Joshua ends his book as Moses ended Deuteronomy with a sermonic exhortation to faithfulness.
Chapter 23 opens with the note that God had given Israel rest from all her enemies. But how can this be? Israel has not removed the Canaanites from the land.
It becomes obvious that Israel lacks the faith to do this. That doesn’t mean Israel is not confident she can. Faith involves more than confidence. It also involves desire. Israel has done about all she is going to do. She has subjected the land – or rather, as Joshua says, God has subjected it, and the inhabitants have decided to accept their conquered status. Peace is the order of the day.
This rest was promised by God in Joshua 1 and occurs several times here at the end of the book (cf. 21:44; 22:4) thus another way of saying God fulfilled His promises (“not one of the Lord’s good promises failed” – 21:45; 23:14).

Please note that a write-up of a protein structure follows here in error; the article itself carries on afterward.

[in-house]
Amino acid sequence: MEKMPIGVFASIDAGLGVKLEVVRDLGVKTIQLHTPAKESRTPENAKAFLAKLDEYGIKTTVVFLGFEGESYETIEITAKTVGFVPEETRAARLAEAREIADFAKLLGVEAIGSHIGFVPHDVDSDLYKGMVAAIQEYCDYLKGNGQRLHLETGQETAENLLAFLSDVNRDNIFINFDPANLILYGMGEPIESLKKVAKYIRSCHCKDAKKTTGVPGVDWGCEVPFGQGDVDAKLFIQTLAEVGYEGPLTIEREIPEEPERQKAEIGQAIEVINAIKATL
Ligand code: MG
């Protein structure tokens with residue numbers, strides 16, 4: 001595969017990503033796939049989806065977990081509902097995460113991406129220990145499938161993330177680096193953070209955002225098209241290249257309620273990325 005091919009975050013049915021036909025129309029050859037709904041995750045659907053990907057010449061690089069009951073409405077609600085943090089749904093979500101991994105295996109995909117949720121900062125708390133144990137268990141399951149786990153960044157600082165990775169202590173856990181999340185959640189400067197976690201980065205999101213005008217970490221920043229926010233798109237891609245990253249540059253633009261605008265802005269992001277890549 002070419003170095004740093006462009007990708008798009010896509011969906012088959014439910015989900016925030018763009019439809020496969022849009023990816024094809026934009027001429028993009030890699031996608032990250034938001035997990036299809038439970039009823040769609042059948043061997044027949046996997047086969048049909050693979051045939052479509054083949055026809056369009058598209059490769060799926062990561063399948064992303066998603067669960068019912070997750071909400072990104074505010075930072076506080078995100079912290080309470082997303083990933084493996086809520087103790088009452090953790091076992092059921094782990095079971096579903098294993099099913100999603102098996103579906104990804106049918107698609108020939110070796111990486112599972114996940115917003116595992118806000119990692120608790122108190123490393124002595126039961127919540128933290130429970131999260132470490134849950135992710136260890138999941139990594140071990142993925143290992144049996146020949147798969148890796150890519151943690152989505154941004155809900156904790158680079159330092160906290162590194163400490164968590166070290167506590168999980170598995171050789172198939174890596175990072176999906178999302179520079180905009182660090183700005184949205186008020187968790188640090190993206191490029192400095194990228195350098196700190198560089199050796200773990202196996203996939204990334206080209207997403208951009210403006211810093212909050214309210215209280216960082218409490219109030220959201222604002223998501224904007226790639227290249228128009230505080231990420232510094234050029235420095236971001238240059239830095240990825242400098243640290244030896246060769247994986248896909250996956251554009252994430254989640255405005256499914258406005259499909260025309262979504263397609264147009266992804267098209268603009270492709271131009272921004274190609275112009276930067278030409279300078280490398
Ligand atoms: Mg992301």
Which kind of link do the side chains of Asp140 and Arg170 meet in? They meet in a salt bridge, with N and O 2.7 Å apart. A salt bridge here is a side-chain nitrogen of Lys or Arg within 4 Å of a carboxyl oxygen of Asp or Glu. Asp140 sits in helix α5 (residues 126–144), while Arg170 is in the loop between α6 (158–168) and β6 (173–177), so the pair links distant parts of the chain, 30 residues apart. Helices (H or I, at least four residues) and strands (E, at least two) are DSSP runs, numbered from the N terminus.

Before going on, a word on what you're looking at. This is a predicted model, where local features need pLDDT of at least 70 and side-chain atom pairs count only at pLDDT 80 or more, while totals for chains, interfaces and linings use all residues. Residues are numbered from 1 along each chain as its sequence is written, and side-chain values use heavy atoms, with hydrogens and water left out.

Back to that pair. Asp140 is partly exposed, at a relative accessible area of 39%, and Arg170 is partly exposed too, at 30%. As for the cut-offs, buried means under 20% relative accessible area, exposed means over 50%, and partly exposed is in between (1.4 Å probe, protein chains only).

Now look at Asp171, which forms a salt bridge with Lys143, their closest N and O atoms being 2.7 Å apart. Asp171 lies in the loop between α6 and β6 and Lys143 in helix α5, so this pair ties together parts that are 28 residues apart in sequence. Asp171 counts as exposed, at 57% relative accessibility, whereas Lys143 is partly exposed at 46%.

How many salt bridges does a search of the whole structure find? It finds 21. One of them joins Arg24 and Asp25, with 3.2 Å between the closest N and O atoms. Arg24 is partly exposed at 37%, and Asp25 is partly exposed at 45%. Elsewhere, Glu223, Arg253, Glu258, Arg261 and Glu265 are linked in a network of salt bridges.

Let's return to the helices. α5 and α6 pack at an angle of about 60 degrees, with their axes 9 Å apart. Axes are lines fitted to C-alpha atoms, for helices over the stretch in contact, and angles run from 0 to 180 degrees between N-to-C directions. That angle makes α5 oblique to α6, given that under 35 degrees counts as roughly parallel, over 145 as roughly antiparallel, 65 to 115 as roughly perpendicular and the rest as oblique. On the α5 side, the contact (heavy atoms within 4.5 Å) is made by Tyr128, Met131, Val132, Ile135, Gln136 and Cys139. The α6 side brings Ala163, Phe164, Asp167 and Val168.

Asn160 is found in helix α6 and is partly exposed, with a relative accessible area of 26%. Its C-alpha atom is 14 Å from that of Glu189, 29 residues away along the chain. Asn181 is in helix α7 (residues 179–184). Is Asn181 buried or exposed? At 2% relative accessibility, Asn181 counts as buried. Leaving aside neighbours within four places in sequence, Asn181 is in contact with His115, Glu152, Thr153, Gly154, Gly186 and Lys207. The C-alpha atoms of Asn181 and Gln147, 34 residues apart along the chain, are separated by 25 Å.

But Israel has a choice.
She can allow these nations which still live among her to influence her and she can assimilate herself within them, or she can remain aloof. If she assimilates, the very people she was to destroy will become the destruction of Israel. Additionally, even though the Canaanites remain, God himself will see to their eventual removal. All Israel must do is refuse to allow them to influence her and remain faithful to God.
She didn’t of course and five hundred years later, David would write that Israel had not truly entered the intended rest of God (Psalm 95:11). The writer of Hebrews picks up on this notion and tells his readers this rest remains as a promise for the children of God – for us. It is ours if we, unlike Israel’s example, are faithful to God and refuse to be compromised by following the ways of the world.